26 November 2020
Instant Payments and the distinction between the competitive and non-competitive space
In the development of Instant Payments (IP), stakeholders must distinguish between a competitive and non-competitive space. This was pointed out by Michael Steinbach, CEO of equensWorldline, during the session Reaping the potential of real-time payments on the second day of EBAday. This way, Europe can unlock the full potential of Instant Payments that is already on its way to becoming the new normal, says Steinbach.
Common underlying IP-infrastructure
In the so-called non-competitive space, finance organisations must work together to create a common underlying IP-infrastructure at pan-European level. Without standardisation, seamless cross-border IP-payments are far away, while it is important that users do not experience any obstacles when using this payment method across borders. Customers are increasingly looking for cross-border solutions. Retail and wholesale customers often pay across borders, for example for holidays, e-commerce or cross-border trade. “Standardisation is very important”, Steinbach argues. “It works best for everyone if Instant Payments is based on the technical standard ISO 20022.”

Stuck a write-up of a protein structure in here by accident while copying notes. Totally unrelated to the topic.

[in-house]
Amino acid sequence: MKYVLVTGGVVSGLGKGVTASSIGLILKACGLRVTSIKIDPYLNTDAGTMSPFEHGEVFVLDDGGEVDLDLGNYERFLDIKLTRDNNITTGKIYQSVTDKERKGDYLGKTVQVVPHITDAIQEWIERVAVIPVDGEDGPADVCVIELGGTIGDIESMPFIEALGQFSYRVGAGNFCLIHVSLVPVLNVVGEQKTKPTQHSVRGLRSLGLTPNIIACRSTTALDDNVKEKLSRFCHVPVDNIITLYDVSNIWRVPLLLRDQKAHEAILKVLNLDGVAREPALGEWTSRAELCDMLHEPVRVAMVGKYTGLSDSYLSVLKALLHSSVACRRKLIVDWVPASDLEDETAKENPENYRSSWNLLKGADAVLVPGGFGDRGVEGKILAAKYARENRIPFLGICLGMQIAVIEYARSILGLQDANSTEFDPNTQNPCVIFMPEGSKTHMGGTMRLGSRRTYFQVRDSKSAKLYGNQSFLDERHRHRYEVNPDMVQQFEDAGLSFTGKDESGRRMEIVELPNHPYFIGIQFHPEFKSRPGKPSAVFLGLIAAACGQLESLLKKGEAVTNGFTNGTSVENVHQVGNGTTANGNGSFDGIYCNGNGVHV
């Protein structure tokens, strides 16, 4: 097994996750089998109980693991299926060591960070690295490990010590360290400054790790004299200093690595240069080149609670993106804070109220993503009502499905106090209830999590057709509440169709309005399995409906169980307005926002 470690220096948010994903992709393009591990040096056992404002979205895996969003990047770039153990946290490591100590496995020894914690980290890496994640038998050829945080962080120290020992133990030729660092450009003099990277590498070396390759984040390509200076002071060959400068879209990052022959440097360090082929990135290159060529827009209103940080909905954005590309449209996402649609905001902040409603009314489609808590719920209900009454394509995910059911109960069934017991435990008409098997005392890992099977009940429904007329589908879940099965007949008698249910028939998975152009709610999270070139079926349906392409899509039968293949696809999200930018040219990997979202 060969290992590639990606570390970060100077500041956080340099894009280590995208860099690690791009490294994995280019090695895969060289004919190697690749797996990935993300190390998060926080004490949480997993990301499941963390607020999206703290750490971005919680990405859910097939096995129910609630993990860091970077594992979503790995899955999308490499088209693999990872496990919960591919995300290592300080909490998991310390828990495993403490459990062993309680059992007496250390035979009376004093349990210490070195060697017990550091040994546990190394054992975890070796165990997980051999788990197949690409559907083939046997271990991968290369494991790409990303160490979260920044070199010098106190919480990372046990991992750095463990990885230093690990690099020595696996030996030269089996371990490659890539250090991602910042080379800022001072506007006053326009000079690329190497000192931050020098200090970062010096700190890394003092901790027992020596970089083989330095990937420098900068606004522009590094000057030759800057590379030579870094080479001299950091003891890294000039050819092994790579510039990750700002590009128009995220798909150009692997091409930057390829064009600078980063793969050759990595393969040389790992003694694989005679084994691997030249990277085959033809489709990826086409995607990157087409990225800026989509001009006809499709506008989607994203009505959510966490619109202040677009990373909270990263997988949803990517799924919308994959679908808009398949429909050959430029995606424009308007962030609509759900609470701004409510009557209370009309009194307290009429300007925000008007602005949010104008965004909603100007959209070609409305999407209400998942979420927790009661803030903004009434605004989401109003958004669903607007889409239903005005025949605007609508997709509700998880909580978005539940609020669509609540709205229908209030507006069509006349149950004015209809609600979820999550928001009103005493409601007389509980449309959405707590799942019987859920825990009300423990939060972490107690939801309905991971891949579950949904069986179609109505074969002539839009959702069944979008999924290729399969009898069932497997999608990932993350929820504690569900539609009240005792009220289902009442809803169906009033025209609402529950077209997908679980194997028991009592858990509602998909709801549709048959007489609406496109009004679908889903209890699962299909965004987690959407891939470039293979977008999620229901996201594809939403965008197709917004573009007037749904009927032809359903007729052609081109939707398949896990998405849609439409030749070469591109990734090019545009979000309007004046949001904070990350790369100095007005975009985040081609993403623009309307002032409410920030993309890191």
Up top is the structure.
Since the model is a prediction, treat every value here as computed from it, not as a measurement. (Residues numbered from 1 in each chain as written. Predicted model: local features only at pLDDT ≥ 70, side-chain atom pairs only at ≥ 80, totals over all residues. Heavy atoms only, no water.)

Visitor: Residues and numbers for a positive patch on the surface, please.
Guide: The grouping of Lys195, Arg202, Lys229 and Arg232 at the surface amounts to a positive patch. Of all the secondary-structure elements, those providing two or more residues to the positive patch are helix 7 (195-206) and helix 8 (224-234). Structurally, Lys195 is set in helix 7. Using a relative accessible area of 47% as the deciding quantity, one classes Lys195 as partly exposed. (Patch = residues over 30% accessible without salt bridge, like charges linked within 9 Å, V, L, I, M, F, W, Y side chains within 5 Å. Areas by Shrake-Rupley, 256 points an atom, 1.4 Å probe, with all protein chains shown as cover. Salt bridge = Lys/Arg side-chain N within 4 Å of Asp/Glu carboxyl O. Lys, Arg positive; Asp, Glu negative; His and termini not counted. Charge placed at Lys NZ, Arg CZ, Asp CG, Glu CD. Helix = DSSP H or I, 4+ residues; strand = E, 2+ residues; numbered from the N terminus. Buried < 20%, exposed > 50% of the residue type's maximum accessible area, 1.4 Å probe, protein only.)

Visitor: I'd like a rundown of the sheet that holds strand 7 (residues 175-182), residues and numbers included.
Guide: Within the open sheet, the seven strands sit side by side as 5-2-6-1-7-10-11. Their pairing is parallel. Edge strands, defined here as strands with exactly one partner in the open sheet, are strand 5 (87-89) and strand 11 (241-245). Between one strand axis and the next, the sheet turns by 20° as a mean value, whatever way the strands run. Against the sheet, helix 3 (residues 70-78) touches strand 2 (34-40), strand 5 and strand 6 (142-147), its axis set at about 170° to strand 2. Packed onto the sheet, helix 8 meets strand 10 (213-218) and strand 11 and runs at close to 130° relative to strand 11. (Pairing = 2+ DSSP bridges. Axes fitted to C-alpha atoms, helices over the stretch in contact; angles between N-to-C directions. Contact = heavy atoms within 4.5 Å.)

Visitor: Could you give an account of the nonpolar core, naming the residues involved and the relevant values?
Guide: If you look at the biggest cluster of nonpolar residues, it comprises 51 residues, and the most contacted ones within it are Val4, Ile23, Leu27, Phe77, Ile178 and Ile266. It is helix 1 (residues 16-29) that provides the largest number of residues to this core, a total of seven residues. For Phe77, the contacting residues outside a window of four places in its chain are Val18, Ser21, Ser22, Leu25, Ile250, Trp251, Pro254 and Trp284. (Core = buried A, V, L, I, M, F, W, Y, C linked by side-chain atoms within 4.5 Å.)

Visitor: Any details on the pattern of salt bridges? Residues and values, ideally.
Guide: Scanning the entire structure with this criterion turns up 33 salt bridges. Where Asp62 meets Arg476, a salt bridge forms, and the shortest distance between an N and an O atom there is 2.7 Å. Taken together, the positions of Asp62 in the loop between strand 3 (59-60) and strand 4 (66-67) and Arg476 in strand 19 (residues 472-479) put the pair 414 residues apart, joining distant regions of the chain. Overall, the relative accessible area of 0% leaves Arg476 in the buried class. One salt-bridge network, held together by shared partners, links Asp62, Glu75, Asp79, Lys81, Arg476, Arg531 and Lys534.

According to Steinbach, we can learn from the introduction of SEPA (Single Euro Payments Area), which was intended to create a single European payment market with uniform payment products. “Each country eventually interpreted the rulebook in its own way, creating some kind of mini-SEPA areas. That was not the intention.”
But the competitive space may well be fragmented, says Steinbach, because it creates a healthy competition. On top of the standardised IP-infrastructure, fintechs and banks can build new functionalities and services for their customers. This way it is possible to generate additional value, because the new functionalities and services built on this layer generate an abundance of real-time customer data. “Competition is healthy, so financial players need to have space to come up with new solutions. The fact that fragmentation occurs at this level is not a problem, because in this way customers can choose which service they like the most,” Steinbach explains. He also points to the competition, such as the bigtechs, which are moving forward. “We are in a rush.”
Steinbach sees that the discussion around IP often focuses on business cases, but this is not the way to approach this payment method. After all, it is not a question if financial institutions will introduce IP, but when.
Steinbach: “Instant Payments is the new normal in the future, not only in Europe but also globally. We will end up in a complete instant world and that is already happening. It’s an endgame scenario. If you don’t adapt to this instant world, you will soon be at an unbridgeable disadvantage and customers will walk to the competitor who does work in an instant way. In the end, the whole world will be instant, and so will payments.”